Thursday, April 06, 2006

The Second Iran-Iraq war

In the early 80s, Saddam "planned" to dash to a mountain pass and take a large chunk of Iran for his own. He thought it was that simple. Pick a spot on the map. Saddam was never very good at planning. Now, if the amateur generals get their keyboard divisions rolling, we'll get to see a conflict of about the same length (1980 - 1988).

Andrew Sullivan blogs (Yes, this is the entire entry):
There's a definite uptick in reports suggesting that the Bush administration is planning for one.
It's great that there is a definite uptick. I'd be none-too-pleased with an indefinite uptick.

Take a wild guess which member of the Dual Executive is pushing for war. From that report:
Key players in the Bush administration think a military confrontation with Iran is an unavoidable, leading to stepped up military planning for such a prospect, according to several experts and recently departed senior government officials.

Some of these observers stressed that military strikes against Iran are not imminent and speculated that the escalated war chatter could be a deliberate ploy to ratchet up diplomatic pressure on Tehran to abandon its nuclear ambitions. Still, they made clear, the tone in Washington has changed drastically.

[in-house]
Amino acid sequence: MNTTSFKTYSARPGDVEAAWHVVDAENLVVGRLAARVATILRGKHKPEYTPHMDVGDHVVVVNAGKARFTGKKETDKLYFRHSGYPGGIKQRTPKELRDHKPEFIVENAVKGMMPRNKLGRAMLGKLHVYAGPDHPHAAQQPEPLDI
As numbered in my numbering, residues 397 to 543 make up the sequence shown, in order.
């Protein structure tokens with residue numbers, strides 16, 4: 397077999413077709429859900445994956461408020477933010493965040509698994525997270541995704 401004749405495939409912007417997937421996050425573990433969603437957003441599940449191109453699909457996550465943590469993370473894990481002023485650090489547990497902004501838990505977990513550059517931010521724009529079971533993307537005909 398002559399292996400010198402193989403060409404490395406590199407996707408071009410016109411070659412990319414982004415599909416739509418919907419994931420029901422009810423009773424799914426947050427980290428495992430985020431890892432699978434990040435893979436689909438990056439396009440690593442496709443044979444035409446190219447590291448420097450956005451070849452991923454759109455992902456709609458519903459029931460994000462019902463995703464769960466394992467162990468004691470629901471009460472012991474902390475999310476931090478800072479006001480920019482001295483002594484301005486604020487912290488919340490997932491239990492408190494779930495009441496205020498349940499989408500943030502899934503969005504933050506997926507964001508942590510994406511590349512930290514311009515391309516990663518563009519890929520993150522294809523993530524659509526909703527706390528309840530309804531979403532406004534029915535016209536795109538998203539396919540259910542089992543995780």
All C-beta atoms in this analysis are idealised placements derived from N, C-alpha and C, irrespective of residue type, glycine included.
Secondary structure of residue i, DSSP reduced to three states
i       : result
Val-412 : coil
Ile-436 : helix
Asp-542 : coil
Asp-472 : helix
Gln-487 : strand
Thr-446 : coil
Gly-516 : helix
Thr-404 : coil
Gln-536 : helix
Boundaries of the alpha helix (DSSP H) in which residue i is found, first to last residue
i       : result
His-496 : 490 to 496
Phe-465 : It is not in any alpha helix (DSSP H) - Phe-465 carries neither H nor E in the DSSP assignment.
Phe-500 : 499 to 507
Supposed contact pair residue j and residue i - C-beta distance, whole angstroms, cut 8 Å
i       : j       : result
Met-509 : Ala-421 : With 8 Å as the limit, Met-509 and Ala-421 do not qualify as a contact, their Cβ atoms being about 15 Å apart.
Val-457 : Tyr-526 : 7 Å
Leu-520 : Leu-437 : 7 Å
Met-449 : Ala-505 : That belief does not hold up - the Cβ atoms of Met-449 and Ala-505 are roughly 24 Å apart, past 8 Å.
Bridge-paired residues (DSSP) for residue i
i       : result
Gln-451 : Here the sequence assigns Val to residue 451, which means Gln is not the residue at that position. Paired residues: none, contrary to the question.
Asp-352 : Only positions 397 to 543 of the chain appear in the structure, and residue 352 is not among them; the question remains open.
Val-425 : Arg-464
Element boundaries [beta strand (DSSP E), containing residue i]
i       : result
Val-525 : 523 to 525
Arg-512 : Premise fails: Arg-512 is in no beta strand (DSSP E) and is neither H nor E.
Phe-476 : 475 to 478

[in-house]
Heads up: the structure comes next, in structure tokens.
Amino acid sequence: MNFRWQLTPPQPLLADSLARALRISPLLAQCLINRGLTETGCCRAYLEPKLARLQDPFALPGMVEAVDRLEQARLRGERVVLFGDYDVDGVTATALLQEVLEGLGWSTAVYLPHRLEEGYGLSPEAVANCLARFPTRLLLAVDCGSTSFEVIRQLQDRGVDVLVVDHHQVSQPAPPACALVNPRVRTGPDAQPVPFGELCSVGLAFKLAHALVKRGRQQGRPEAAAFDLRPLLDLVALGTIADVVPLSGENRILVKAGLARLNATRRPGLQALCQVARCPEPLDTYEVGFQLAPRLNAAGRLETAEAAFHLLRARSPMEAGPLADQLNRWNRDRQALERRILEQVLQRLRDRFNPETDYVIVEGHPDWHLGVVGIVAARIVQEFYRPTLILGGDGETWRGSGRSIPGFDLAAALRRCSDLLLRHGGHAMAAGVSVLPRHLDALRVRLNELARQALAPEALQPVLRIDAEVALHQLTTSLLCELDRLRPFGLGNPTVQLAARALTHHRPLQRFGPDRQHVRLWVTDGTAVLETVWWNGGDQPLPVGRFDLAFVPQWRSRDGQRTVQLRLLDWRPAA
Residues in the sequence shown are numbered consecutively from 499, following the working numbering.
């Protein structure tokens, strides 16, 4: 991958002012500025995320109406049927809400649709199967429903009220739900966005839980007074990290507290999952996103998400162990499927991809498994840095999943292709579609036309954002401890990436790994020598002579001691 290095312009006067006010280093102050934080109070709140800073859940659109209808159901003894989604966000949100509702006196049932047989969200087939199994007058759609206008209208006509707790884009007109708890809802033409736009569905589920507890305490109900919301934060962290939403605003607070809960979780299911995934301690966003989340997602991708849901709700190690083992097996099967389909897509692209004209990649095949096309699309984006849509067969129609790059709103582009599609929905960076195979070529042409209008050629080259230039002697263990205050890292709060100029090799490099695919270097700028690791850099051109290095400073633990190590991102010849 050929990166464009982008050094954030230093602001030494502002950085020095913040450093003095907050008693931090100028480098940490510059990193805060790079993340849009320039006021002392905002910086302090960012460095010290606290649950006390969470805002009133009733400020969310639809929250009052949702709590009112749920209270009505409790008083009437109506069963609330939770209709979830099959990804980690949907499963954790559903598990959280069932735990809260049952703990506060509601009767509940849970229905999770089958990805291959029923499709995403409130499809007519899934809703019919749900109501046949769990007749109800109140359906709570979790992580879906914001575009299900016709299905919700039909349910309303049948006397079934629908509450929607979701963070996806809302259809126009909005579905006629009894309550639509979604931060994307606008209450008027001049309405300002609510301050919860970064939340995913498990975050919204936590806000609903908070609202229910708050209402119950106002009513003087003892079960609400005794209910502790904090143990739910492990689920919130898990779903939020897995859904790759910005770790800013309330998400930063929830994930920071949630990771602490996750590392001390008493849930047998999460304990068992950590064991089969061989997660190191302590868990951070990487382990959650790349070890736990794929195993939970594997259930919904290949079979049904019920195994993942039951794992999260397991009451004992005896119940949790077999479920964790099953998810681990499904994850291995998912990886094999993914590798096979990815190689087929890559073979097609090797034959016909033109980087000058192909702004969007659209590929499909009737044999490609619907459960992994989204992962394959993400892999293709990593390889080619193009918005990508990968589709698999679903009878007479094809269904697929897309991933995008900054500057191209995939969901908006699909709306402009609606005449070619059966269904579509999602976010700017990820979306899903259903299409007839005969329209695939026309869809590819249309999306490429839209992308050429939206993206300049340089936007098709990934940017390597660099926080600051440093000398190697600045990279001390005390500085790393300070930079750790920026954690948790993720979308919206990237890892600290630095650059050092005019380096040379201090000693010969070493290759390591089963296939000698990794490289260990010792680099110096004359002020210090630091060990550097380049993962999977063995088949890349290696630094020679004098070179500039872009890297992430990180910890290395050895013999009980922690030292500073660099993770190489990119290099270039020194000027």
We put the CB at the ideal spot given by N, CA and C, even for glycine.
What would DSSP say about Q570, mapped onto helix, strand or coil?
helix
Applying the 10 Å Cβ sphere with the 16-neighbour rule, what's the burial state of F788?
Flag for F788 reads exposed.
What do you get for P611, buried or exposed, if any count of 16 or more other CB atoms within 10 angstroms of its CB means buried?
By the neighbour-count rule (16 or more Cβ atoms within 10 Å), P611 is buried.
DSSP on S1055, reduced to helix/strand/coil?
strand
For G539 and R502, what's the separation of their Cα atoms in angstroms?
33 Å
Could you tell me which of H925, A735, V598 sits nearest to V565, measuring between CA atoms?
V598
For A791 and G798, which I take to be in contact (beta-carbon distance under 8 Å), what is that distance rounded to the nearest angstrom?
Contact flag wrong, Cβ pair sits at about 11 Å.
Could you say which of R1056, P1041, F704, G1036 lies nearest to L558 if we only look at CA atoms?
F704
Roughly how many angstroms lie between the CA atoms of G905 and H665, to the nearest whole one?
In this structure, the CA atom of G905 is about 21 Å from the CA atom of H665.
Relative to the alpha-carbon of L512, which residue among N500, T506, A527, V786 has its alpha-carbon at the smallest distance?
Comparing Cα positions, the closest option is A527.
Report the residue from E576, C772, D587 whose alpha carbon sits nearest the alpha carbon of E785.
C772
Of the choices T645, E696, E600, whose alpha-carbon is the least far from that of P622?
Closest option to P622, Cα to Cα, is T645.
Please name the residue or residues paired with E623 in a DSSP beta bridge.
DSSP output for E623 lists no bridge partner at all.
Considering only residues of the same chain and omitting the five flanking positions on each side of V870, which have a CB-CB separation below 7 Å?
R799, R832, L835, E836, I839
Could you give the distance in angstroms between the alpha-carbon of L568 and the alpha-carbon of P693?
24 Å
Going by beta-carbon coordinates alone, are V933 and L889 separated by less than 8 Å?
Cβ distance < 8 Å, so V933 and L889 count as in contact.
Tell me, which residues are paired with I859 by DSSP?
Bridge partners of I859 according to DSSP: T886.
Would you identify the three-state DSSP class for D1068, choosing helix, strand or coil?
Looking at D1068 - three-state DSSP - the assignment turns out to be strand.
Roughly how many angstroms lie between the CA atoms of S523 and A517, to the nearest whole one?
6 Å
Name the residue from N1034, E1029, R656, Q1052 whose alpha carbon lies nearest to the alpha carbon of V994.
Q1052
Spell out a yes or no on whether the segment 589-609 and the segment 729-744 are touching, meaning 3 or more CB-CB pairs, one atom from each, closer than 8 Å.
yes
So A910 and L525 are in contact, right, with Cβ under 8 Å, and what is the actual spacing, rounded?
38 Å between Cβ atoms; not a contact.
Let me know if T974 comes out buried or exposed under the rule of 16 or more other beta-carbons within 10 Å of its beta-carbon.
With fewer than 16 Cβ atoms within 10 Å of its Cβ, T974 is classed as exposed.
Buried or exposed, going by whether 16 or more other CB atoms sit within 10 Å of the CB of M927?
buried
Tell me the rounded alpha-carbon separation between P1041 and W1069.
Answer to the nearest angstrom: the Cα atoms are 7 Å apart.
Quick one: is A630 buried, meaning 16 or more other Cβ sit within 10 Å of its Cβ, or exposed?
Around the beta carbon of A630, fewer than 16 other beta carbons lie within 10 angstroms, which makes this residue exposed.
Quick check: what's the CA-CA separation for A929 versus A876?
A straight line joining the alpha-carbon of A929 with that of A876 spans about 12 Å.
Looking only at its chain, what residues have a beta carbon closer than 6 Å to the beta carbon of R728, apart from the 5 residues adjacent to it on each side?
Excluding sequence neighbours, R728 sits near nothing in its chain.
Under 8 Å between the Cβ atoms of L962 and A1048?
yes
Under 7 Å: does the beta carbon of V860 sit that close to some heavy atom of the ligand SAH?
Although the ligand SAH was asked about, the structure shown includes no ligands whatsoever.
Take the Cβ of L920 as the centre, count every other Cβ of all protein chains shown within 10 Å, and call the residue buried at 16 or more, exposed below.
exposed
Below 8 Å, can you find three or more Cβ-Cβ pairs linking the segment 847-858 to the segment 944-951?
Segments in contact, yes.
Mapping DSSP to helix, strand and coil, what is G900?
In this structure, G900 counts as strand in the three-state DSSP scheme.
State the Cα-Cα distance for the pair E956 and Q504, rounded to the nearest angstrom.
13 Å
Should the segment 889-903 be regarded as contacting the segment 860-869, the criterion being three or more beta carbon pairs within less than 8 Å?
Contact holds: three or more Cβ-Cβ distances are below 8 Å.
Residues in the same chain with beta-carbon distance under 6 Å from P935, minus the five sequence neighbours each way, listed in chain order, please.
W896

"In recent months I have grown increasingly concerned that the administration has been giving thought to a heavy dose of air strikes against Iran's nuclear sector without giving enough weight to the possible ramifications of such action," said Wayne White, a former deputy director at the State Department's Bureau of Intelligence and Research. White, who worked in the bureau's Office of Analysis for the Near East and South Asia, left government in early 2005 and is now an adjunct scholar at the Middle East Institute.

Several experts and former officials interviewed by the Forward pointed to Vice President Dick Cheney as one of the key figures who has concluded that the ongoing diplomatic efforts to bring Iran before the United Nations Security Council and eventually slap the Islamic regime with sanctions will come to naught, forcing Washington to resort to force to prevent Tehran from developing nuclear weapons.